It is clear that the game is a direct continuation from the very start of Hitman 3’s first stage. The game doesn’t feature a slow opening, a briefing, or anything of that nature. It begins with a sky-dive toward the world’s tallest tower, and the momentum continues from there. There is also very little in terms of a tutorial for Hitman 3, which lends itself to that feeling of momentum, but could present an issue for newcomers to the stealth genre. There is a degree to which the game teaches the player, and on-screen markers prompt the player to use specific items and abilities in different situations, but the game seems to operate on the assumption that the player already possesses some basic knowledge about what they are meant to do and how they are meant to do it.

For me, the lack of instruction was appreciated. It played well to the game’s central motif of investigation and planning. I am a fan of making glorious mistakes, but it isn’t difficult to imagine feeling slightly aimless or overwhelmed. It’s also not difficult to imagine those emotions fading away as the open-ended nature to solving the game’s dilemmas comes into view. In Hitman 3, you gather information, learn the patterns and routines of a stage, and formulate approaches that use this information advantageously.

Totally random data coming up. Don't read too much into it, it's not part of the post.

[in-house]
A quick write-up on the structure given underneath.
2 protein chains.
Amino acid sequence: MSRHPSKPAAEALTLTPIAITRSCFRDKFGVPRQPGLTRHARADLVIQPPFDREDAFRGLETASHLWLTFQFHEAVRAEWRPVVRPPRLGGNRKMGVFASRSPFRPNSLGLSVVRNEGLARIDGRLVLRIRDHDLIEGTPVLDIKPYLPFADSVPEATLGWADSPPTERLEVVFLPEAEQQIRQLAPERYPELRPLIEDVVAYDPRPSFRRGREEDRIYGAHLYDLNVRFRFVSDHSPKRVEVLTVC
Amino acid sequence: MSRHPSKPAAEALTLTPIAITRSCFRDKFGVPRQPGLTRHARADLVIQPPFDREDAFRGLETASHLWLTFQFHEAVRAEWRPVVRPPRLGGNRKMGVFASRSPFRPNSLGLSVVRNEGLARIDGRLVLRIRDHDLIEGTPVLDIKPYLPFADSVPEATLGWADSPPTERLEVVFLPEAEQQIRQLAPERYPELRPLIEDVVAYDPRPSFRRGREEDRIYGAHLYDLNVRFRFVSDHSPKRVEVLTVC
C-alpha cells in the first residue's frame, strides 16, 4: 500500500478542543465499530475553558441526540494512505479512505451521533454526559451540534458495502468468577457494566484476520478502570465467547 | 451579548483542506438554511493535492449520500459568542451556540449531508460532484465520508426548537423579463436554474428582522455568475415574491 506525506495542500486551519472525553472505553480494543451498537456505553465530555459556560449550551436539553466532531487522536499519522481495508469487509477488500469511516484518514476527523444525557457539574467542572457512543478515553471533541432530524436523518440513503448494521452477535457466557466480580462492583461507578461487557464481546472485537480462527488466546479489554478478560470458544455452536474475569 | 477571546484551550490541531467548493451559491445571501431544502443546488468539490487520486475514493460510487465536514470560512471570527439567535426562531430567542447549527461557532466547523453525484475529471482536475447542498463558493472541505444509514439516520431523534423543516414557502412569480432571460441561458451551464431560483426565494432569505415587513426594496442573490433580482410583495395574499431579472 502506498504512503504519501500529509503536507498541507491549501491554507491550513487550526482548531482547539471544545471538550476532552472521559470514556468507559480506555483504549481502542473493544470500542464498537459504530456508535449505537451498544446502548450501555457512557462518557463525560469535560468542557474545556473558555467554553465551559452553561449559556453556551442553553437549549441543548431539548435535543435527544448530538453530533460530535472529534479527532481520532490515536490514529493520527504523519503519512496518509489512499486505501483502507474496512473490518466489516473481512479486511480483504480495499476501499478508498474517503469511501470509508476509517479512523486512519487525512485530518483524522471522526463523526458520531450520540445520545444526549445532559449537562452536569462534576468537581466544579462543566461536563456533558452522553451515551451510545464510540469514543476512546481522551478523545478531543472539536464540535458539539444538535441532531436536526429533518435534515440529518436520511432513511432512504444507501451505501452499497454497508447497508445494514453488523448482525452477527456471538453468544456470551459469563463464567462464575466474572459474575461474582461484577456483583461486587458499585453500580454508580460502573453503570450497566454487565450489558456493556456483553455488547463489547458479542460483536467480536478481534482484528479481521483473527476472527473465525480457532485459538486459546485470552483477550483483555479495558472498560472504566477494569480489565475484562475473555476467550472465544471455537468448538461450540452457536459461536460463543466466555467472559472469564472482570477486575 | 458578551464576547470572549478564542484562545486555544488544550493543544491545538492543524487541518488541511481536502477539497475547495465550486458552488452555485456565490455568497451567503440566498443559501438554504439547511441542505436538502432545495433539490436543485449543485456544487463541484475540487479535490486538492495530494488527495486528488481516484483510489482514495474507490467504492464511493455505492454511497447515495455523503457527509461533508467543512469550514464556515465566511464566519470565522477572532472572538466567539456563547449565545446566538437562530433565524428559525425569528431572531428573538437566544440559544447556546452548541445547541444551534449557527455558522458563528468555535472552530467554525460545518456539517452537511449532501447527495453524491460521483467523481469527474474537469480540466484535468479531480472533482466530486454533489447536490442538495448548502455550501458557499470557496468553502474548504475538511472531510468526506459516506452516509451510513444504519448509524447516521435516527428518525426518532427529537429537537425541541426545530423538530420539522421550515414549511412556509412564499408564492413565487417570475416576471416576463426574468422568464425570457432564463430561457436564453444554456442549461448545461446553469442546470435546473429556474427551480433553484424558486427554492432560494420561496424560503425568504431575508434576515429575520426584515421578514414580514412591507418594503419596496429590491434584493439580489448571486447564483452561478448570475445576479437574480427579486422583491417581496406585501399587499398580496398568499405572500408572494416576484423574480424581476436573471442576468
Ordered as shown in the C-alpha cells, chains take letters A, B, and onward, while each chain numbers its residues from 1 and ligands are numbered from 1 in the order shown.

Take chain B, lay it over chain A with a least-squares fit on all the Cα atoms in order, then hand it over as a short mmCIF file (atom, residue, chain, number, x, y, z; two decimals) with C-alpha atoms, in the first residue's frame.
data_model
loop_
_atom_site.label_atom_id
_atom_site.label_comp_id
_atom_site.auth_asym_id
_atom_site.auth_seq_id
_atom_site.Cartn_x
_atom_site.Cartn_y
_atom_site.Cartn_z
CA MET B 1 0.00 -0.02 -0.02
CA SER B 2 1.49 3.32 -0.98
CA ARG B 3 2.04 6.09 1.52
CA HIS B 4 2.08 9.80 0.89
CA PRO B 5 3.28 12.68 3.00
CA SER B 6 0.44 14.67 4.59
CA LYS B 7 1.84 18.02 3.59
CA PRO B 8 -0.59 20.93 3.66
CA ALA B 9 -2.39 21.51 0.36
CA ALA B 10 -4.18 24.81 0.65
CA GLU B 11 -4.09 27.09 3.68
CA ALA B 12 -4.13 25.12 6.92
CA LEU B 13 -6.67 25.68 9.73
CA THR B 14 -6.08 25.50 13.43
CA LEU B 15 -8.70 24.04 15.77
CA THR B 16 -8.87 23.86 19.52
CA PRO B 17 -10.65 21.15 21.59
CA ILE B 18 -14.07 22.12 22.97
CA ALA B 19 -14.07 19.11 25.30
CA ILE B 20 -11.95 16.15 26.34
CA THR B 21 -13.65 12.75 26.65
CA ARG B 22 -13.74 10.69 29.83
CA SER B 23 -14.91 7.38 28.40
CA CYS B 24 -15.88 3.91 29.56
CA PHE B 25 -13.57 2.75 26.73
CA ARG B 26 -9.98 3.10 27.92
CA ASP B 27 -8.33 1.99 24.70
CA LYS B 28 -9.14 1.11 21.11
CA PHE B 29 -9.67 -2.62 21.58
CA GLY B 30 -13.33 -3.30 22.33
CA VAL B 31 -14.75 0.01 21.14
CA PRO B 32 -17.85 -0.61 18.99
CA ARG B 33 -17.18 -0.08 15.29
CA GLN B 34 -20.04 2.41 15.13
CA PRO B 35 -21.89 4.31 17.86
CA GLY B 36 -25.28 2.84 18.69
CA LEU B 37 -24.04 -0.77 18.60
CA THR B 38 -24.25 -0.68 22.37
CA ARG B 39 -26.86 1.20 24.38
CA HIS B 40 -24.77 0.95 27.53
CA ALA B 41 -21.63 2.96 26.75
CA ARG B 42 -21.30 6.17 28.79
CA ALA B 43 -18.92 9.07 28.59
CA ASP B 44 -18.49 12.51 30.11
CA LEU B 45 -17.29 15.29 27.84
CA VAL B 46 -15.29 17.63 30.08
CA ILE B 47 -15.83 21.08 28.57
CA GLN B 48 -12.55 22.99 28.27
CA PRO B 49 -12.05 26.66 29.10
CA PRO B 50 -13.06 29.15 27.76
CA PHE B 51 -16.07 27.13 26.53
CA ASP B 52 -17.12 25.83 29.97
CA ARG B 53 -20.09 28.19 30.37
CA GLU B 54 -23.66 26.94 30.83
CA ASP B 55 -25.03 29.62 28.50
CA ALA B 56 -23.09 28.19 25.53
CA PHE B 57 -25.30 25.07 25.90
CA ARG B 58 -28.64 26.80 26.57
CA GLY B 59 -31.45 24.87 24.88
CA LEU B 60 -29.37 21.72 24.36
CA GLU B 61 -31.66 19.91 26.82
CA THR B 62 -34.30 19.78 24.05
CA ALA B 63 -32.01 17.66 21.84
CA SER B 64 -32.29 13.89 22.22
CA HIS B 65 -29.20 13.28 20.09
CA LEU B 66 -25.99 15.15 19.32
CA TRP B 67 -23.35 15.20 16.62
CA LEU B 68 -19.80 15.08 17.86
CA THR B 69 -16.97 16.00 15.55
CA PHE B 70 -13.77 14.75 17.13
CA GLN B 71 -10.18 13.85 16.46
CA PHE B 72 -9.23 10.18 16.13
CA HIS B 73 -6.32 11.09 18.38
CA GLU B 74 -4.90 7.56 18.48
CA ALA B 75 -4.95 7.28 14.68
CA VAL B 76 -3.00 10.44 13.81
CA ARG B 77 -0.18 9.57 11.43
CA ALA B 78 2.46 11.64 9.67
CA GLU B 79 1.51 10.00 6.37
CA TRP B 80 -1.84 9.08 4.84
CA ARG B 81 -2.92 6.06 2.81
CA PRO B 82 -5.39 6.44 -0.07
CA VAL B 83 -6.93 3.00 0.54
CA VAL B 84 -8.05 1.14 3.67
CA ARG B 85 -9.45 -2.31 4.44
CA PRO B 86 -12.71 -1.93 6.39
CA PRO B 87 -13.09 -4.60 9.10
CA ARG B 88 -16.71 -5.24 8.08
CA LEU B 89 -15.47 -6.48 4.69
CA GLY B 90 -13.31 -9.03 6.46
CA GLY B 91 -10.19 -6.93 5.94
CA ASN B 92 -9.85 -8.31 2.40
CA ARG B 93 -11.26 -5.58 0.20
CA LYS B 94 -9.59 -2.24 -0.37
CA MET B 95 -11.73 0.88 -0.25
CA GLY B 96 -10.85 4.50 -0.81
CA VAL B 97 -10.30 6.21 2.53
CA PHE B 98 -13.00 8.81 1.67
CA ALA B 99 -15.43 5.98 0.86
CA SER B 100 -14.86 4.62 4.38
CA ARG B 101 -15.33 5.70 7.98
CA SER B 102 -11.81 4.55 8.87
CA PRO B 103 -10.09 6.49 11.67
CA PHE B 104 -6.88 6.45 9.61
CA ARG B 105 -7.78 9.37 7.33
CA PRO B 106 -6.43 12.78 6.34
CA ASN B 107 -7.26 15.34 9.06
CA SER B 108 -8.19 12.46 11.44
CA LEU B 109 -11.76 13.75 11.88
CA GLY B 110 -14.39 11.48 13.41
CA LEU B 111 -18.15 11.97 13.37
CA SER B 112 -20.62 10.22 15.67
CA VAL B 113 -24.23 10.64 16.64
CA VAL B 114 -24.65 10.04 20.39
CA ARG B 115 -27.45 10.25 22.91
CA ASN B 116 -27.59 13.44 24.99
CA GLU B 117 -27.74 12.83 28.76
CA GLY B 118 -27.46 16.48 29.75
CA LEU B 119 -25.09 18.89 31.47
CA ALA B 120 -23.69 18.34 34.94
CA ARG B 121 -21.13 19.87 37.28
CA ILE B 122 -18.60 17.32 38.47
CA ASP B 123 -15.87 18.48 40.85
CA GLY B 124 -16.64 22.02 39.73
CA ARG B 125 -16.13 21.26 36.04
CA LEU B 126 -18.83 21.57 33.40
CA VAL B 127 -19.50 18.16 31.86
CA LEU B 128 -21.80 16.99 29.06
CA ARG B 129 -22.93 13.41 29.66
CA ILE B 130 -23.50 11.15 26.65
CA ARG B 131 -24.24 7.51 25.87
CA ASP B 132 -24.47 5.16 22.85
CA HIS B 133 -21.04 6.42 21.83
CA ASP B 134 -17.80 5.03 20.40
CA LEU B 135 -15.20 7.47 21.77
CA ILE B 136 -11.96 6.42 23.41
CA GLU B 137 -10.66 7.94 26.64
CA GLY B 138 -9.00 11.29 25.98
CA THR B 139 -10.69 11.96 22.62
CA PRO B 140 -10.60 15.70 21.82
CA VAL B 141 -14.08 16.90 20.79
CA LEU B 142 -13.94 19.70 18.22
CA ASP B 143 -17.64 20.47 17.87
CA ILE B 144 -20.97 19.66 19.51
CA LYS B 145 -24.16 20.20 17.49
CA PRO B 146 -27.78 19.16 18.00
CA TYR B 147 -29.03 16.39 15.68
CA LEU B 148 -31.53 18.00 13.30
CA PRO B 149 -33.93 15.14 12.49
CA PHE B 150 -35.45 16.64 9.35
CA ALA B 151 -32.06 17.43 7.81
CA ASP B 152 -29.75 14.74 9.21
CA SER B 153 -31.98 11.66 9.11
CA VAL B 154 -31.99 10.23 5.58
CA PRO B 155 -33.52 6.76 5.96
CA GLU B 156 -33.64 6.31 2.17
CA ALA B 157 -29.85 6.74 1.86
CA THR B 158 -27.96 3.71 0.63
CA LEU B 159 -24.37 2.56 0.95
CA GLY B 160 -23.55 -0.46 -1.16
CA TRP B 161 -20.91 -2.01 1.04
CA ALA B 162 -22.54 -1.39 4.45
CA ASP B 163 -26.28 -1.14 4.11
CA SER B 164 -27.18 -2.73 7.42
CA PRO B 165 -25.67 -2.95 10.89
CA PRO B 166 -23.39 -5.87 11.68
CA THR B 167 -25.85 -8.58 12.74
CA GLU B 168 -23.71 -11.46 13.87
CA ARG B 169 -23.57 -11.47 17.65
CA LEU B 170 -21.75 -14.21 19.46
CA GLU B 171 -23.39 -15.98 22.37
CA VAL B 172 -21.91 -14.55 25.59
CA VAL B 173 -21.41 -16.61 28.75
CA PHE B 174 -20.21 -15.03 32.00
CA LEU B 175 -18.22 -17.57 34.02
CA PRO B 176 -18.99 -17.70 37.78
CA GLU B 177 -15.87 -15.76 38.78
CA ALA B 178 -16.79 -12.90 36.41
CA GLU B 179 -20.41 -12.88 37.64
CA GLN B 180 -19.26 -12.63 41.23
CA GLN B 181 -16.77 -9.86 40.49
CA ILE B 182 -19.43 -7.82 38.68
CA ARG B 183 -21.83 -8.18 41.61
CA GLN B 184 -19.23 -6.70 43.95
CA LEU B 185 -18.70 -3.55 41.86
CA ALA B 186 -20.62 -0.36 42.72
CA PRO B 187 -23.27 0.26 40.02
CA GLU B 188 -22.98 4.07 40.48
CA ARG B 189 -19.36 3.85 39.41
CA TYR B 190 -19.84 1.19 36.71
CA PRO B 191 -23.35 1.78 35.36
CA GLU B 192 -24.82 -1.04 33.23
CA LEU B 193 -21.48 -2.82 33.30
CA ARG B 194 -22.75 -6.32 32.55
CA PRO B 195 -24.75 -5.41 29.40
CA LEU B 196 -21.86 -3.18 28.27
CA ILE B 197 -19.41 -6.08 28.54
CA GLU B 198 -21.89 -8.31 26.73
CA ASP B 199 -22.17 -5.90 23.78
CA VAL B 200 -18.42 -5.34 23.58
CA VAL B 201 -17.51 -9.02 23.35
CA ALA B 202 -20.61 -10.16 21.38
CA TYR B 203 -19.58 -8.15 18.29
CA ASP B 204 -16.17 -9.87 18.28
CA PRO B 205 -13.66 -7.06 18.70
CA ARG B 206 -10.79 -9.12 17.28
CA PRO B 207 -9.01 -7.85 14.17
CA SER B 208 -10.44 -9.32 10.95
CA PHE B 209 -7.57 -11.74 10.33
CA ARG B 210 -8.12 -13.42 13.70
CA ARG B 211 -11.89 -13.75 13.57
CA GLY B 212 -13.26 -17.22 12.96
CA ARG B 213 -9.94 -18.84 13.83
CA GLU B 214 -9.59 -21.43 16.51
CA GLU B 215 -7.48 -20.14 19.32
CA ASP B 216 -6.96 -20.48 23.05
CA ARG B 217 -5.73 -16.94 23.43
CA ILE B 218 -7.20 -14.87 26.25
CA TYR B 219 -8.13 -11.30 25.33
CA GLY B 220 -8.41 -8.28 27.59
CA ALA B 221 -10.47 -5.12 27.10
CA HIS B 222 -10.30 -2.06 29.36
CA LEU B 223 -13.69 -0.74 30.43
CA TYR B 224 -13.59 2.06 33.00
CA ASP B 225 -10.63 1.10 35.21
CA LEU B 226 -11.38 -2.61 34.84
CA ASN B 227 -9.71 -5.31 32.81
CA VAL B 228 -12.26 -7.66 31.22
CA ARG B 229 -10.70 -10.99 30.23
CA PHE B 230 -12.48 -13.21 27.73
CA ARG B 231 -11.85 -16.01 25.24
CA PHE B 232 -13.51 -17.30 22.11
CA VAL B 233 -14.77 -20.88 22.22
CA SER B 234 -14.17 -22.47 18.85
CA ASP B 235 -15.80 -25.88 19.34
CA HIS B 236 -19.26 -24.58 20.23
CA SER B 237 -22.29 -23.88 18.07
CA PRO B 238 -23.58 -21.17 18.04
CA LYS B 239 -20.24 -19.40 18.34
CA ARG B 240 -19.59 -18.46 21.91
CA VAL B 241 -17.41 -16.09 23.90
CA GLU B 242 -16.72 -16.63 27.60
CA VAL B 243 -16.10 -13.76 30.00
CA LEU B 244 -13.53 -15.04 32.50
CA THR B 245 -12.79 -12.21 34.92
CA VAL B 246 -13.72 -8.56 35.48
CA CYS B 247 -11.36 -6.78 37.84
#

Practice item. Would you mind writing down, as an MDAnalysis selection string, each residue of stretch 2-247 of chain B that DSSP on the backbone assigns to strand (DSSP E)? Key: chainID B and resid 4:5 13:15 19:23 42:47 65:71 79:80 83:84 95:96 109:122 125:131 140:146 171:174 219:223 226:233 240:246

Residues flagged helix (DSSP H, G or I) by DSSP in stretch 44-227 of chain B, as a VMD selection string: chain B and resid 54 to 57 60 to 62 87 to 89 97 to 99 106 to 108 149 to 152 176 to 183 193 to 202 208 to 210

The gameplay itself will be familiar to Hitman fans, but the execution, if you’ll forgive the pun, is slightly changed. As ever, the stages are essentially puzzles and the gameplay directly encourages exploration. Fortunately, the stages themselves are stunning in both their aesthetics, layouts, and finer details so they are a joy to explore. Pulling details from maps, listening to NPC chatter, acquiring disguises, and, at times, solving mysteries are, perhaps, more engrossing than the handful of assassinations throughout the experience. While eliminating a target is a satisfying event, it is brief, fleeting, and most of its value is derived from a combination of narrative weight and the affirmation that a plan came together. Mechanically, it’s the game saying “good job, you solved it.” Combat itself isn’t the game’s strong point, which might even be a boon; a botched attempt resulting in a perilous getaway complements the spike of emotion induced by the story and stages in a way an action hero sequence likely would not. Not to suggest Agent 47 is incompetent by any stretch, but superior combat prowess against the game’s enemies would be a safety net that undermines the cycle of investigating, planning, executing, and assassinating.